William Mills Maltbie
Born Granby, Connecticut, March 10, 1880
Died in Granby December 15, 1961)
lawyer, judge, and Chief Justice of the Connecticut Supreme Court.
Father Theodore Mills Maltbie (1842–1915), a prominent lawyer and politician who served three terms in the General Assembly and two in the state senate.
Hartford Public High School
Yale (class of 1901)
Yale Law School (class of 1905)
Admitted to the bar and joined his father's practice in Hartford.
He lived in Granby for all of his life, commuting to Hartford when necessary.
1913-Maltbie served as one of Granby's representatives in
the General Assembly
1914 Appointed assistant state's attorney for Hartford
1915-17 served as Governor Marcus H. Holcomb's executive
1917 Governor Holcomb appointed him to the Superior Court. 1925 he was raised to the Connecticut Supreme Court (then officially called the "Supreme Court of Errors")
1930 he became Chief Justice. He held that position until 1950 when he reached the judicial retirement age of 70.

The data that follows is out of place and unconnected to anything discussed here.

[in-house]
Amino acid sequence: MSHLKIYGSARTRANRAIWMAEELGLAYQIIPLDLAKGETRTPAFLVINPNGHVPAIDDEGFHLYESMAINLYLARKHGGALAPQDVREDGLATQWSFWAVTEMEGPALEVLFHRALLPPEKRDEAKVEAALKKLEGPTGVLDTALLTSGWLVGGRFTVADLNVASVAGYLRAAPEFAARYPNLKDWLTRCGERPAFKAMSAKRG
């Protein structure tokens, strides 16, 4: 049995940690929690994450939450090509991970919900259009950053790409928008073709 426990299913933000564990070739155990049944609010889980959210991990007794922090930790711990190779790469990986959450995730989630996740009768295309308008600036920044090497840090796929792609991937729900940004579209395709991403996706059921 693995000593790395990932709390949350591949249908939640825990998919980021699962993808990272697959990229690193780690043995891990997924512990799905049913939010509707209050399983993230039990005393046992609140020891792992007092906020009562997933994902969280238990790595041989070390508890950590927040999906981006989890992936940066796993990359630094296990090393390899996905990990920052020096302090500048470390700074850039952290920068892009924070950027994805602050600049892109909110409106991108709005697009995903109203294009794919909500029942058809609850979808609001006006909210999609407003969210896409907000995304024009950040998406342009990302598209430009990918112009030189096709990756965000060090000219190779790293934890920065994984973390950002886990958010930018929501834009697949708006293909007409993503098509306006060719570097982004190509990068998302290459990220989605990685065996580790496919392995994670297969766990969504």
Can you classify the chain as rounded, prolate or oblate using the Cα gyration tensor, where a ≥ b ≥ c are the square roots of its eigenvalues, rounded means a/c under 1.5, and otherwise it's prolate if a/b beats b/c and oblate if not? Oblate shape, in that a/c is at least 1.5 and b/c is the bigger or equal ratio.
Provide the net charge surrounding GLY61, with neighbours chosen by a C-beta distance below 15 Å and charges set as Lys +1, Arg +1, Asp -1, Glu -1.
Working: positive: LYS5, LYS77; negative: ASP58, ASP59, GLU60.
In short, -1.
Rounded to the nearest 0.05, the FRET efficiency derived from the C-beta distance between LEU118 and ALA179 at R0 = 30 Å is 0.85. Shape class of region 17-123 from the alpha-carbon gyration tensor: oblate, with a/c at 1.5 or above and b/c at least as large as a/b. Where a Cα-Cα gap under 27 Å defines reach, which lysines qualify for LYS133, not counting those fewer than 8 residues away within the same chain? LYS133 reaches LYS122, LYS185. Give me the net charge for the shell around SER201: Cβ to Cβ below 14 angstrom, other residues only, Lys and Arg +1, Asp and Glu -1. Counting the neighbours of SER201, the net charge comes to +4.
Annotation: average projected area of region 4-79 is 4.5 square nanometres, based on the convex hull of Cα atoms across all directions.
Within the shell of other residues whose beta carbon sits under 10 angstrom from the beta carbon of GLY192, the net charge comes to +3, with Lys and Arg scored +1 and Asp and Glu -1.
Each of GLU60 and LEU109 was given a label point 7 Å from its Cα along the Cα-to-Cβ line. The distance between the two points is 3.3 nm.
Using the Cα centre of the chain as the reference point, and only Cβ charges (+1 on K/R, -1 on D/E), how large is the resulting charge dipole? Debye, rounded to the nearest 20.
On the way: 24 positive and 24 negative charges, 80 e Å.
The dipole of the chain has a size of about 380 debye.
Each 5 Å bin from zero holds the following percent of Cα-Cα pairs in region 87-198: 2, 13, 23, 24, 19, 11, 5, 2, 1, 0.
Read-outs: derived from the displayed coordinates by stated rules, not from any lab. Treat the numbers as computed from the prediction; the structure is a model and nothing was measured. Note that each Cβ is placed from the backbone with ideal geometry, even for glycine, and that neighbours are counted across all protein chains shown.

Following his retirement from the bench he served as a state referee and conducted two one-man grand jury investigations, in 1951 and 1954.
Maltbie published two editions of Connecticut Appelate Procedure during his lifetime; he completed a supplement to it in the last years of his life and it was published posthumously.
-Extensive work with the Boy Scouts of America
-The Probation Association
-The Connecticut Prison Association (long-time president), -The Connecticut Opera Association (president)
-The Greater Hartford Federation of Churches (president), and other charitable and non-profit organizations.
He was awarded honorary degrees in law from many colleges and universities:
Trinity College (1934)
Elon College (1941)
Boston University (1942)
University of Hartford (then "Hillyer College") (1955)
Maltbie married Mary L. Hamlin in 1917
son, Theodore Mills Maltbie was also a lawyer
Anna Louise Maltbie
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